“5 Things You Should Do To Upgrade and Re-Energize Your Brand and Image” With Sarah Moore

First, you must understand what a brand is. It isn’t your logo, your website, or your design assets combined. Your brand isn’t something you can see at all; your brand is a feeling — an emotional connection, gut reaction. That connection is what breeds brand loyalty and creates lifelong customers. As part of our series […]

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First, you must understand what a brand is. It isn’t your logo, your website, or your design assets combined. Your brand isn’t something you can see at all; your brand is a feeling — an emotional connection, gut reaction. That connection is what breeds brand loyalty and creates lifelong customers.

As part of our series about “Brand Makeovers” I had the pleasure to interview Sarah Moore.

Sarah Moore is a problem solver, entrepreneur, and teacher with twenty years of marketing and brand management experience assisting up and coming clients gain their foothold and establish their brands amongst their competition. She has a reputation for communicating brands cleanly and precisely specializing in providing her clients with out-of-the box solutions. As a working mother, Sarah attended the Art Institute of Atlanta earning her degree in graphic design and later went on to secure her Master’s degree in media design.

Sarah is Founder and CEO of HotHouse Intimates (http://www.hothoustintimates.com), an online retail brand, and works full time as a marketing and brand consultant, and graphic design adjunct instructor. She teaches graphic design principals, color theory, digital imaging, and desktop publishing.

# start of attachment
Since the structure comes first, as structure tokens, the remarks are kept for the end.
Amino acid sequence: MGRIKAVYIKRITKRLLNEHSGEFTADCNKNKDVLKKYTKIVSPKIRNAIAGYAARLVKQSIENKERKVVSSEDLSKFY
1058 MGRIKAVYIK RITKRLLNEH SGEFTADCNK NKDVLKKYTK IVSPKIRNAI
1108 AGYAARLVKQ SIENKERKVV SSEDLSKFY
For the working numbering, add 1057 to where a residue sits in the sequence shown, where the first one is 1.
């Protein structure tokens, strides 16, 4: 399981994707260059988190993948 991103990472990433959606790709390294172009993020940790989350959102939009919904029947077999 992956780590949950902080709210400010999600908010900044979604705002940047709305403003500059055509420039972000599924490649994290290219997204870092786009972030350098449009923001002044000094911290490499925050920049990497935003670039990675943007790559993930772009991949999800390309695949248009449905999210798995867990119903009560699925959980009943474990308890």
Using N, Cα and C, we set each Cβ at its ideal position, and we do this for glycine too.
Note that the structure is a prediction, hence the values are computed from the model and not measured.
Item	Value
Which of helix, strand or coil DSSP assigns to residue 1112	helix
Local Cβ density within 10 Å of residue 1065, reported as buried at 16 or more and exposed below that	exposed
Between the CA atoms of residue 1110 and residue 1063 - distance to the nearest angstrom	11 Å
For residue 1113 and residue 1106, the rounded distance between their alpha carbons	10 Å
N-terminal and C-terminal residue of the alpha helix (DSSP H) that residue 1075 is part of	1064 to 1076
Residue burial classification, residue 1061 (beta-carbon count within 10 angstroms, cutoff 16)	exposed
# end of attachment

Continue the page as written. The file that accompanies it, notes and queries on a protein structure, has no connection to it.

Sarah’s day-to-day responsibilities to her clients include oversight of the development and delivery of a fully integrated marketing strategy including brand strategy, marketing initiatives for new and existing products; including advertising campaigns, social media, events, digital marketing, and public relations.

Thank you so much for doing this with us! Before we dig in, our readers would love to “get to know you” a bit more. Can you tell us a story about what brought you to this specific career path?

Like many women, I was a young mother, working an entry level, job. One day my boss handed me a box and said, “we need a website, learn how to do this”. The box was Microsoft Front Page, software came in a box in those days! I was fresh out of high school and didn’t know anything about creating a website, branding, marketing, or graphic design. In fact, I had only recently gotten my first email address.

After several weeks of figuring it out, the company had a website, and my love for marketing was born. At that time, I had no college education and had to rely on what I could learn on my own to understand what marketing was and how to do it. I would eventually go to college several years later formalizing and expanding my knowledge base.

Can you share a story about the funniest marketing or branding mistake you made when you were first starting? Can you tell us what lesson you learned from that?

When I was first starting my career, one of the first lessons I had to learn was it was okay to tell a client I didn’t know the answer. After a few stumbles of blurting out the wrong answer and having to back track later, I learned it was okay to say I didn’t know but would have an answer shortly.

Are you able to identify a “tipping point” in your career when you started to see success? Did you start doing anything different? Is there a takeaway or lesson that others can learn from that?